Its last and most powerful nuclear test was conducted in September 2017, when North Korea claimed to have detonated ​a thermonuclear​, or hydrogen, bomb. ​Estimates of the device’s explosive power ranged from 50 to 300 kilotons.

A mere 100 kilotons would make the test six times as powerful as the bomb dropped on Hiroshima in 1945.​

North Korea has extracted plutonium, an atomic bomb fuel, from its Soviet-designed nuclear reactor in Yongbyon, north of Pyongyang. It also runs centrifuges to produce weapons-grade enriched uranium, another bomb fuel.

As of 2021, North Korea had enough fissile material for 40 to 50 nuclear warheads and could produce enough for six or seven bombs a year, according to an estimate by the Arms Control Association. The United Nations’ nuclear watchdog last year said that North Korea may be preparing to ramp up its production of plutonium and highly enriched uranium in Yongbyon.

North Korea demonstrated the biggest strides in its weapons capabilities in 2017.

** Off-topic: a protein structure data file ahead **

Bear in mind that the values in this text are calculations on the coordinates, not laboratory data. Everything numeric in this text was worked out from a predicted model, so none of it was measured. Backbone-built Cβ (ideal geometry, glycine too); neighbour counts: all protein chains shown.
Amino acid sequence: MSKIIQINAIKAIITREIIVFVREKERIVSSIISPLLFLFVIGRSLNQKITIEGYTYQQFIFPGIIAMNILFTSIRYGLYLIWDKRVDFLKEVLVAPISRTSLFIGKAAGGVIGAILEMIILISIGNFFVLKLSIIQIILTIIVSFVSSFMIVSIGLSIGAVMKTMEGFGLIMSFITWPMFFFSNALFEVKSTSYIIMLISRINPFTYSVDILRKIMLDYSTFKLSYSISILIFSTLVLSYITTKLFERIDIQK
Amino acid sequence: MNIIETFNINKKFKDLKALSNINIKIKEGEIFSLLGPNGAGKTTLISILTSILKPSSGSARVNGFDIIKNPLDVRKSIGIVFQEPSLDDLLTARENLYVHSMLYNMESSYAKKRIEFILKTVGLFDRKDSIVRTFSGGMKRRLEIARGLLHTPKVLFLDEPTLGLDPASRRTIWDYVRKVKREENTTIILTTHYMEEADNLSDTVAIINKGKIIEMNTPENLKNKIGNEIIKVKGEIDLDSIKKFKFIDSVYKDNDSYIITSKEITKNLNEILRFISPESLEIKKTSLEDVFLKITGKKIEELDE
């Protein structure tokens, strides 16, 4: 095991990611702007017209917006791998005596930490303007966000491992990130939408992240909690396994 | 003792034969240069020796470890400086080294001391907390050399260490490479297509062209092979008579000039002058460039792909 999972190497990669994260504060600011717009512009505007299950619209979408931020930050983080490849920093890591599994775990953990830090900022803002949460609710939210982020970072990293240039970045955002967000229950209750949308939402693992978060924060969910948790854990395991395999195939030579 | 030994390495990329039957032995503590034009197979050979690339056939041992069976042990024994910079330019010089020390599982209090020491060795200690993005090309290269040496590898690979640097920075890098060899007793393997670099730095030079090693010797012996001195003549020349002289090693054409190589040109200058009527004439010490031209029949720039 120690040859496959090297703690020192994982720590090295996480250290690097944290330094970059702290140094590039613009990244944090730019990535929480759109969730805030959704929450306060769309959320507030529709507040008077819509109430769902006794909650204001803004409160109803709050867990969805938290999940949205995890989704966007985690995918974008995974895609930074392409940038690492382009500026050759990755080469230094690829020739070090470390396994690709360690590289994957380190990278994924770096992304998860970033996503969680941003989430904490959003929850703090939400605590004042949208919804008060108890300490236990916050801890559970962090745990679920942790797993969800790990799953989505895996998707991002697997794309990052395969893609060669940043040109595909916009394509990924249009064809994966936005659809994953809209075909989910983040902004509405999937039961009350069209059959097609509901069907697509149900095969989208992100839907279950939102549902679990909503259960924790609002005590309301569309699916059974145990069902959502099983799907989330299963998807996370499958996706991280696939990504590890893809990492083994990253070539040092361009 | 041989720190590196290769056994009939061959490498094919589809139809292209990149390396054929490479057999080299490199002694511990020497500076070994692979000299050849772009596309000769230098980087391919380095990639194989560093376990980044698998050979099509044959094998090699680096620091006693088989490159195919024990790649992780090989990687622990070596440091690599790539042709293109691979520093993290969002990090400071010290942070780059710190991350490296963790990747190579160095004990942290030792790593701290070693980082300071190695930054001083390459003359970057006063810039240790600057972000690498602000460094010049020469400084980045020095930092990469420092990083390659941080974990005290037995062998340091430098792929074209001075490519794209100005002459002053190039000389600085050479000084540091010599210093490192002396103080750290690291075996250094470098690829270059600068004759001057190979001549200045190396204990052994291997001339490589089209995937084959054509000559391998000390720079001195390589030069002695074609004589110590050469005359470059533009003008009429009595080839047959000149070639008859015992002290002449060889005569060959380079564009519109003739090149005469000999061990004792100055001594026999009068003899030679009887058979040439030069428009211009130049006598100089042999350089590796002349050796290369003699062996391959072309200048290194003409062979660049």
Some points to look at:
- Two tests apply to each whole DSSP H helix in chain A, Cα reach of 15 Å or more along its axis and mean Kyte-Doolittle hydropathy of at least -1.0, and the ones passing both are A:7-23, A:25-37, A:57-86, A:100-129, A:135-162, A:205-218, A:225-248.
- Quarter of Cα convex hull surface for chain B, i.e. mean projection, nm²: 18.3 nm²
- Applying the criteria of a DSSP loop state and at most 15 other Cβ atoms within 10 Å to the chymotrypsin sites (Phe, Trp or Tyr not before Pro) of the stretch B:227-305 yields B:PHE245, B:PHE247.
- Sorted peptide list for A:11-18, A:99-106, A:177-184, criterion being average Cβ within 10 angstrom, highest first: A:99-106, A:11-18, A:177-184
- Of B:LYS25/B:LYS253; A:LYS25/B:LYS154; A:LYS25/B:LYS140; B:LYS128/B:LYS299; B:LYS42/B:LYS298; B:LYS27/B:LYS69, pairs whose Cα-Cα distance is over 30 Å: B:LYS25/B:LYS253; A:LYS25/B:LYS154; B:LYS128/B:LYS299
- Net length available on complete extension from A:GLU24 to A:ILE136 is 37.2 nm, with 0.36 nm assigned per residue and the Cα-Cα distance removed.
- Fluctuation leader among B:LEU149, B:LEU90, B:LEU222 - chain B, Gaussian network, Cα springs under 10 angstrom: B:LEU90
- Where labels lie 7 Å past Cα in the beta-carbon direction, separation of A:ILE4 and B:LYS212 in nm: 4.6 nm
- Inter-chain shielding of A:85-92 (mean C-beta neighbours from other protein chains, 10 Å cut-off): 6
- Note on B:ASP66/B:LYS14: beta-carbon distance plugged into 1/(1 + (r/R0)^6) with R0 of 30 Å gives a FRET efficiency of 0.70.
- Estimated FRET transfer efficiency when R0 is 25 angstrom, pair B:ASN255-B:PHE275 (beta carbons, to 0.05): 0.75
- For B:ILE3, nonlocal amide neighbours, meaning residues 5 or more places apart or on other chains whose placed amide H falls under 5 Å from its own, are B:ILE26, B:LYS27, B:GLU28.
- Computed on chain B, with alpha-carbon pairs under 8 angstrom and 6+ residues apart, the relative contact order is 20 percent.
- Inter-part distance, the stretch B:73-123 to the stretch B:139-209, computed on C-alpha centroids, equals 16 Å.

That year, the country fired its intermediate-range ballistic missile, Hwasong-12, over Japan and threatened an “enveloping” strike around the American territory of Guam. It also test-fired Hwasong-14 and Hwasong-15, the country’s first intercontinental ballistic missiles.

By the end of the year, Mr. Kim claimed that his country had the ability to launch a nuclear strike against the continental United States.

After 2017, Mr. Kim stopped testing nuclear weapons and long-range missiles but threatened to end his moratorium when talks with President Trump collapsed in 2019.

During a nighttime military parade in the fall of 2020, North Korea displayed a new, untested ICBM that looked bigger than any of the previous ones.

In March, North Korea appeared to conduct its most powerful ICBM test to date. While state media called it the larger Hwasong-17, showcasing the missile in a Hollywood-style propaganda video, South Korea later said it appeared to be the older Hwasong-15. The South said that clips and photos of the launch were faked to exaggerate Mr. Kim’s weapons achievements for a domestic audience.

The missile launched on Friday appeared to be a Hwasong-17, South Korean defense officials said.

The biggest unanswered question is whether North Korea has mastered the technology needed to send an intercontinental nuclear warhead into space and then guide it back through the earth’s atmosphere to its target. North Korea has yet to demonstrate that its warhead can survive the intense heat and friction created by re-entry.

When North Korea resumed missile tests in 2019 after the collapse of the Kim-Trump talks, the tests featured three new weapons, code-named KN-23, KN-24 and KN-25 by outside experts.

Each marked big advances in North Korea’s short-range ballistic missile program.